In a conventional coordinate input apparatus having a vibration input pen using ultrasonic waves as an input device, a delay time taken for vibrations caused by the vibration input pen to reach a vibration detection point is counted, and a distance is calculated by a controller on the basis of the delay time. Coordinates are then calculated and output on the basis of the distance. The size of a vibration transfer plate capable of inputting a vibration with the vibration input pen is decided by the detection gain at the vibration detection point or the output level at the vibration detection point. In contrast to this, the gain at the vibration detection point or the output level of the vibration input pen is sometimes changed in accordance with the size of the vibration transfer plate. The number of vibration detection points is set in consideration of coordinate calculation precision. For example, three or four points are arranged on an A4 size plate or the like.

When a vibration transfer plate larger than an A4 size plate is to be used, three or more vibration detection points are generally arranged in the longitudinal direction of the plate, and three or more points in its widthwise direction.

FIG. 9 is a view for explaining a conventional technique. The coordinate input apparatus shown in FIG. 9 has a vibration transfer plate and eight vibration sensors which are arranged on the plate at the positions in FIG. 9. A vibration input pen is used to indicate a position in one of areas 1 to 4. Different vibration sensors are used in the respective areas. Sensors 6a, 6b, and 6d are used in area 1; the sensor 6b and sensors 6c and 6e, in area 2; the sensor 6d and sensors 6f and 6g, in area 3; and the sensors 6e and 6g and a sensor 6h, in area 4. Switching of the vibration sensors in the respective areas is executed by a controller.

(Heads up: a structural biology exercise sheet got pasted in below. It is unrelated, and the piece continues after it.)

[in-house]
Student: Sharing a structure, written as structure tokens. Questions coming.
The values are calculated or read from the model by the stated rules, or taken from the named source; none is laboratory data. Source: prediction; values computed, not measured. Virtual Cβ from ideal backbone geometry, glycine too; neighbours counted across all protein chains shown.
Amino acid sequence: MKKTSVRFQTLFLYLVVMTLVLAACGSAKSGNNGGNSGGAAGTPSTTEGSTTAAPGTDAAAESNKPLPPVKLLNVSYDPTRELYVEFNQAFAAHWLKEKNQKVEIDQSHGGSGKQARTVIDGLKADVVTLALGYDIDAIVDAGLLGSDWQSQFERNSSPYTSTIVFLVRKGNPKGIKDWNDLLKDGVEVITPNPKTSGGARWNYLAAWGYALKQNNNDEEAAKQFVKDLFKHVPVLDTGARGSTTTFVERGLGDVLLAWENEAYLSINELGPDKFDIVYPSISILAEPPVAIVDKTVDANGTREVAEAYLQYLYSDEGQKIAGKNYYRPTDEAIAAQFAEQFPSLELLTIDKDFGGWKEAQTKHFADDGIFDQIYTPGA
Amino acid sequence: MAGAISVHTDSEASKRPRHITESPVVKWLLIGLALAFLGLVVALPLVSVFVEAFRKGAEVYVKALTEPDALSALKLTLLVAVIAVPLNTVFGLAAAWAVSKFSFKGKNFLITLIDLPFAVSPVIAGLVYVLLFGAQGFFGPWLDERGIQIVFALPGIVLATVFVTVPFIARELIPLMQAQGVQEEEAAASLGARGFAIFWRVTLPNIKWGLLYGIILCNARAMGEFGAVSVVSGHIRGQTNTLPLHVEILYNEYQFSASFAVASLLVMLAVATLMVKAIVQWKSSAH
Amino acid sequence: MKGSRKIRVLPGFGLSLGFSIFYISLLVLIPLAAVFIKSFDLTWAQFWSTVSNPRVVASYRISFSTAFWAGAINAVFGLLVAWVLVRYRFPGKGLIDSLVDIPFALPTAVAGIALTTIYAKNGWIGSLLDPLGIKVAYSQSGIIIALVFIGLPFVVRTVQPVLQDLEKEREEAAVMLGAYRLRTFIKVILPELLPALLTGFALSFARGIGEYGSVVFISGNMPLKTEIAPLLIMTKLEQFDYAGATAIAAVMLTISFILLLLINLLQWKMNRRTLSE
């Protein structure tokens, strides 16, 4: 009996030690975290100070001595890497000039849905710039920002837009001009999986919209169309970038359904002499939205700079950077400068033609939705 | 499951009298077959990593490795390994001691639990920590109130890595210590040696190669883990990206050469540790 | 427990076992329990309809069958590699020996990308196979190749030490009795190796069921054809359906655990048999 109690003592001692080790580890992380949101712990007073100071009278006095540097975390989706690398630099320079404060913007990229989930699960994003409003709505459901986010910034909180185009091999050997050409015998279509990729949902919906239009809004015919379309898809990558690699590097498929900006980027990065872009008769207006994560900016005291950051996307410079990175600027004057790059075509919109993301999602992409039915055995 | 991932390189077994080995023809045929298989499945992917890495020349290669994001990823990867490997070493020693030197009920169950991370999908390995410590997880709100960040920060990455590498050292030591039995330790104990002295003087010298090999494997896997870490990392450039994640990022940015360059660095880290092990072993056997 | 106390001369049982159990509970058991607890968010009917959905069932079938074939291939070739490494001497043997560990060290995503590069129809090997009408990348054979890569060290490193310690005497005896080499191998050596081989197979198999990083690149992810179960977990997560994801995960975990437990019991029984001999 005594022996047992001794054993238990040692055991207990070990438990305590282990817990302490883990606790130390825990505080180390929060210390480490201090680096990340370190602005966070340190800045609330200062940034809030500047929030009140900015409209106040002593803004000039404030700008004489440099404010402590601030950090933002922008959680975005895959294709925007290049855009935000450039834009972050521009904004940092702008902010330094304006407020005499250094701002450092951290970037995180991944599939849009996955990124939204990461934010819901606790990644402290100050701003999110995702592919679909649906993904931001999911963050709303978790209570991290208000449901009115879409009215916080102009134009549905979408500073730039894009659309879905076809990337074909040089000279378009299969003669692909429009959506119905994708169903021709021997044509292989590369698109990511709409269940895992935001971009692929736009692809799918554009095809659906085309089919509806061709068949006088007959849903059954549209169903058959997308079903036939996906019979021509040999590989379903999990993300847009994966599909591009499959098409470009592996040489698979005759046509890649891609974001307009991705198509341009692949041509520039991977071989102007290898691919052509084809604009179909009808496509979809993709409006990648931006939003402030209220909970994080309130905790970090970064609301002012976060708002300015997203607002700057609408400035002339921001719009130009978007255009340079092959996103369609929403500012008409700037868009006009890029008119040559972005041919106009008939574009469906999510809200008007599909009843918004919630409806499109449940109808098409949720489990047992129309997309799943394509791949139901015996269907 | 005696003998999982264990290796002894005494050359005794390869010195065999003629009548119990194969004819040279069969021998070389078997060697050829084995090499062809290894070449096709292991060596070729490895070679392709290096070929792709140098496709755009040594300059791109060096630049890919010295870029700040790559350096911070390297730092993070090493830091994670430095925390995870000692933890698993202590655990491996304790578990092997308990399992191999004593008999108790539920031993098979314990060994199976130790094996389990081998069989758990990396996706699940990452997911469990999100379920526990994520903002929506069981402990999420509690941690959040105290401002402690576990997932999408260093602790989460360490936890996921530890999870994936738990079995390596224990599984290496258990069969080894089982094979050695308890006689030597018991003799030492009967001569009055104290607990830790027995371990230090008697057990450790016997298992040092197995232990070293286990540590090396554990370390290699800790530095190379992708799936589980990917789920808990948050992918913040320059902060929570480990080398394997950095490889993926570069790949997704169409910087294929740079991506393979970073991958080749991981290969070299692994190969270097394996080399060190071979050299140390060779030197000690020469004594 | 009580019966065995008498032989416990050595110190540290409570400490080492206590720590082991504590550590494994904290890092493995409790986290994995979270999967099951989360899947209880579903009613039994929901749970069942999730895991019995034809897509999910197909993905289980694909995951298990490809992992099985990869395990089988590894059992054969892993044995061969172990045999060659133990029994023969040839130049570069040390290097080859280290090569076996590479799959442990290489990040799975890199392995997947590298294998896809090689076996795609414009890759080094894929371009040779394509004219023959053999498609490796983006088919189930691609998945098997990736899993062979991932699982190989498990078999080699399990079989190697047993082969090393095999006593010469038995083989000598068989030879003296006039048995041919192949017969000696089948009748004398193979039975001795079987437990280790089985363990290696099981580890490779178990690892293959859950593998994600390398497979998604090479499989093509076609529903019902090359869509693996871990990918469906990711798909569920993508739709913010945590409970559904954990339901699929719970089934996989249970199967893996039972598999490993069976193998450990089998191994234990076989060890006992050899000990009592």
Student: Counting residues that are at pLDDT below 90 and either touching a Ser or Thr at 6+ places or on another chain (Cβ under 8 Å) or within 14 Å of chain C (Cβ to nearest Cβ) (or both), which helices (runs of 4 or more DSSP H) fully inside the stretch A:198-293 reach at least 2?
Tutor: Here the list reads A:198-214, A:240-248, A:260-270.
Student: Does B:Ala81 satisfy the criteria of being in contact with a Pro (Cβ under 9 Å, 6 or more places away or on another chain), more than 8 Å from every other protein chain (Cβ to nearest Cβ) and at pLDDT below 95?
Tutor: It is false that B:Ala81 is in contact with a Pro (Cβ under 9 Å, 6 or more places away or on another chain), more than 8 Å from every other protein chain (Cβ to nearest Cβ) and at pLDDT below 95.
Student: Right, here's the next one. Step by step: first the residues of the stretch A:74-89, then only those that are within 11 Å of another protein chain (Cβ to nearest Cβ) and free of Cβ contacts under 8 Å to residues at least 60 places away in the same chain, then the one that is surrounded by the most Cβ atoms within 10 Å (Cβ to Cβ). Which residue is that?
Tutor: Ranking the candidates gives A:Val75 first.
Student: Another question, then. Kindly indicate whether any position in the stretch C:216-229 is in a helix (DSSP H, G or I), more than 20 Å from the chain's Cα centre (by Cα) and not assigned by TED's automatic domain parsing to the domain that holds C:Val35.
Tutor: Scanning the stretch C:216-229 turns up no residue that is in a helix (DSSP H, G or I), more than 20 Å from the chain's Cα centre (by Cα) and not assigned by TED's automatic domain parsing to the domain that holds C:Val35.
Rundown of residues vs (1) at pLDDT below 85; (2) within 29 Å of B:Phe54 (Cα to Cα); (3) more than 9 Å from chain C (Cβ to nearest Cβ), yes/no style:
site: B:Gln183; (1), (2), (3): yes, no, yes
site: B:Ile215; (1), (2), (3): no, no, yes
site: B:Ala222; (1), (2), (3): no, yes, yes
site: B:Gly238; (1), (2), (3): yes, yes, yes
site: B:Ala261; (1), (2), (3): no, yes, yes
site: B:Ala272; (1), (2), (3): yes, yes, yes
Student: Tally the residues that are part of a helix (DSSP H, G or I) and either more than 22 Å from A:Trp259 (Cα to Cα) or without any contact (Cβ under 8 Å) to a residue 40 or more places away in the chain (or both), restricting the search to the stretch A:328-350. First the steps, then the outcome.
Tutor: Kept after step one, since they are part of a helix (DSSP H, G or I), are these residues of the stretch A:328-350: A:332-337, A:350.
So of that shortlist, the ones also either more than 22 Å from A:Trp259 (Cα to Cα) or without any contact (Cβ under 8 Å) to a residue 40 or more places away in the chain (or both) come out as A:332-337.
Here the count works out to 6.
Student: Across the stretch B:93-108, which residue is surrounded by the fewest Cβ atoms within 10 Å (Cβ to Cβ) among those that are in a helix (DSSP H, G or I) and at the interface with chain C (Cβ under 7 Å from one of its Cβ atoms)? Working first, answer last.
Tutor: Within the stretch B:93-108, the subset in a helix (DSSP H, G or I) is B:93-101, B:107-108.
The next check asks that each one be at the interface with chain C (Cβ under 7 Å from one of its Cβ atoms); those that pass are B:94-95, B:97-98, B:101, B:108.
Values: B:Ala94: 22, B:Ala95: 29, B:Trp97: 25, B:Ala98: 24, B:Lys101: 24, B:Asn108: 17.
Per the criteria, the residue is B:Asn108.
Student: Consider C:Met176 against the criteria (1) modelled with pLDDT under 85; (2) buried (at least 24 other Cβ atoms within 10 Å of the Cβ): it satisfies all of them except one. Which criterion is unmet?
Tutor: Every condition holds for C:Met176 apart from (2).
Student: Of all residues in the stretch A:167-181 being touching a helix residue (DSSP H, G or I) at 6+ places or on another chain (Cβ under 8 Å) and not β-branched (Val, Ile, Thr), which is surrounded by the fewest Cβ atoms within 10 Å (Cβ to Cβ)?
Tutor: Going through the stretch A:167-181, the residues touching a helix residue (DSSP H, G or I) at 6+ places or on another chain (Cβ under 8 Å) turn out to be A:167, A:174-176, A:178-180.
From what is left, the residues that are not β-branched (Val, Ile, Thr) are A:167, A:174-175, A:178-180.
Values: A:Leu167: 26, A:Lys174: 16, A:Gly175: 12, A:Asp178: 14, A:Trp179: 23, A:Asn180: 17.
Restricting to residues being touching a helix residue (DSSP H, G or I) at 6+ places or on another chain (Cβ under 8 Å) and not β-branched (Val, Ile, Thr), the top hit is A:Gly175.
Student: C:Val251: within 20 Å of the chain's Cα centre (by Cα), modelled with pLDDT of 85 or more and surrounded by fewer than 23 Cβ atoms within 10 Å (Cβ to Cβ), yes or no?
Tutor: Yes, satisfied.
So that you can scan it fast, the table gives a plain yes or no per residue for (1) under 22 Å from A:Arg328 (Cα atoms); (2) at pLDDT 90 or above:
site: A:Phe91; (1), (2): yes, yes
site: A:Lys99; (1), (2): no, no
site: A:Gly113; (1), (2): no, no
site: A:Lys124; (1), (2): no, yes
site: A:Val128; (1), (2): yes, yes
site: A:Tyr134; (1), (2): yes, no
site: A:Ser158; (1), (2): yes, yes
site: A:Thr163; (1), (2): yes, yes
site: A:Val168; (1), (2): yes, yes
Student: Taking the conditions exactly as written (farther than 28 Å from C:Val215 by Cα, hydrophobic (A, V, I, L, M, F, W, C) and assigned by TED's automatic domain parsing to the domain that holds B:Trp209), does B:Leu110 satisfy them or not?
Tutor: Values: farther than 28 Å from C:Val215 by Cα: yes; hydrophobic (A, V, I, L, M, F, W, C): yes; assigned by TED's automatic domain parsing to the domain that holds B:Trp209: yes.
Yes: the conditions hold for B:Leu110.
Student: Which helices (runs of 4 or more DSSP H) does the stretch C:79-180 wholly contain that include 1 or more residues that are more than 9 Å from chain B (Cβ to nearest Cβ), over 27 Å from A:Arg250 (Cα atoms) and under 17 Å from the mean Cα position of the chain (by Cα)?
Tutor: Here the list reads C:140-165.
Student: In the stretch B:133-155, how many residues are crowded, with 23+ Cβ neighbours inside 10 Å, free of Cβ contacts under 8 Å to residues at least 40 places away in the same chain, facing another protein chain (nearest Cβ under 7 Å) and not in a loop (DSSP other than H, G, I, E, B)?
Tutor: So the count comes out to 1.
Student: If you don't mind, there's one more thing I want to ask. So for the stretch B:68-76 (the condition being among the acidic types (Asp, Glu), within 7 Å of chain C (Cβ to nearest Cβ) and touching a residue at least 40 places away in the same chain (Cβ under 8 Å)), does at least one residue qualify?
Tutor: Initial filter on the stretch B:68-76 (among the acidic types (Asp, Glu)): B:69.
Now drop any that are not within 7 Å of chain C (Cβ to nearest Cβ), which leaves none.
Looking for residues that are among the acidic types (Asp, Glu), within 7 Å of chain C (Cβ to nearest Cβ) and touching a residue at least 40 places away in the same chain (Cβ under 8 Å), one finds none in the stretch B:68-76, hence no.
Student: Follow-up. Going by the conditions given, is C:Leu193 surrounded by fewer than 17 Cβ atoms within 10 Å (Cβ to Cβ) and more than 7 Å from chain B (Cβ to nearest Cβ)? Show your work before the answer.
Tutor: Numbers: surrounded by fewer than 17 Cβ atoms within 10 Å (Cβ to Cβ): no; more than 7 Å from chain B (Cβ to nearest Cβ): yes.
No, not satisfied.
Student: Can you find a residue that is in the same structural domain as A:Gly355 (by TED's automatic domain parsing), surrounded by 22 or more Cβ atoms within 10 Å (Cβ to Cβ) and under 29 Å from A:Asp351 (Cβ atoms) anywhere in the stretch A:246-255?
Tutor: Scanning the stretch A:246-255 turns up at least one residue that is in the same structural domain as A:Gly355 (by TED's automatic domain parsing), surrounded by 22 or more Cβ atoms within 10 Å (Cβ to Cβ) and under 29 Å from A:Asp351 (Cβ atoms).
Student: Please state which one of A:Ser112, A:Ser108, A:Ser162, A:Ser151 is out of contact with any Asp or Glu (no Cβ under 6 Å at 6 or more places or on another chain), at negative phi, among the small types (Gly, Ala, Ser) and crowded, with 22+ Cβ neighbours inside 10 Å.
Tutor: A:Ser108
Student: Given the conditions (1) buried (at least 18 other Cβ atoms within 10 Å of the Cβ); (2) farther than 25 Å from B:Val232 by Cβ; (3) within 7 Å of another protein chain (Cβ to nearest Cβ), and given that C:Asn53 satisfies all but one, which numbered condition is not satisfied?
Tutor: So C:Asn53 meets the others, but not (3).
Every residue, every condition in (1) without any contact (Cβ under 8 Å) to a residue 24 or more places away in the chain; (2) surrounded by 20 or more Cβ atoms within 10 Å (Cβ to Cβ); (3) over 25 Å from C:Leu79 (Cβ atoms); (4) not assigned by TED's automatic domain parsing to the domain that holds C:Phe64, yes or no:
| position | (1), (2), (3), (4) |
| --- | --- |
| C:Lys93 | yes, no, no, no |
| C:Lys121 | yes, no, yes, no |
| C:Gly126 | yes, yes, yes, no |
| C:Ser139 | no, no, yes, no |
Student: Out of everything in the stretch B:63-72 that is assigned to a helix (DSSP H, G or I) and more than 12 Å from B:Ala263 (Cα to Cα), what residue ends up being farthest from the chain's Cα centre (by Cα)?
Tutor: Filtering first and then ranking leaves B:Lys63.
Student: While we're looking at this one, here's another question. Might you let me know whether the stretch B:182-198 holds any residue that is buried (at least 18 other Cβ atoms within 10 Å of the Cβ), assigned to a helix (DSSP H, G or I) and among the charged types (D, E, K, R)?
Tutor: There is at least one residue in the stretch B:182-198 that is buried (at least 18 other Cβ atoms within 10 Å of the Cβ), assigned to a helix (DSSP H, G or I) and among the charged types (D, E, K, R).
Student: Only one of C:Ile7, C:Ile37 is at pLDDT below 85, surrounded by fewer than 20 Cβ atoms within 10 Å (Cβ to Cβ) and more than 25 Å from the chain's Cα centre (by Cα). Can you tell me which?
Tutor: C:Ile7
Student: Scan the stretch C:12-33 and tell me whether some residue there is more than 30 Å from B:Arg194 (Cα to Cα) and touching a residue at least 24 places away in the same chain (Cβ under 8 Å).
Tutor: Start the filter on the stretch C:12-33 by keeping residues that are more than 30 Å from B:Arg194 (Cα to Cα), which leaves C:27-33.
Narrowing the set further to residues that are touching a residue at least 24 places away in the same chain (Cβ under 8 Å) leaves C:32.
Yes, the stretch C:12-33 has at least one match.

In the above conventional technique, however, since the different sensors are used to calculate coordinates in the respective areas, coordinate calculation errors are caused owing to variations in the vibration sensors constituting a coordinate input apparatus, the respective vibration detectors, and the like, the position precision of each vibration sensor, and the like.

As shown in FIG. 9, therefore, when letters "A", "B", and "C" are to be drawn, the character portions are shifted from each other at the boundaries between the respective areas, resulting in poor readability.

SUMMARY OF THE INVENTION

The present invention has been made in consideration of the above conventional technique. Therefore, it is an object of this invention to provide a coordinate input apparatus which maintains continuity of areas when outputting coordinate outputs by switching many sensors for the respective areas, and a control method therefor.

It is a further object of the invention to provide a method of controlling a coordinate input apparatus which is divided into a plurality of areas, and has vibration detection points in the respective areas, comprising the first determination step of determining an area including a first vibration input point, the second determination step of determining vibration detection points in accordance with the determined area, and the calculation step of detecting vibration delay times at the detection points determined in the second determination step in a predetermined interval, and calculating a coordinate value by a procedure according to the area in which the input point is included on the basis of the delay times.

BRIEF DESCRIPTION OF THE DRAWINGS

FIG. 1 is a block diagram showing a coordinate input apparatus according to the first embodiment of the present invention;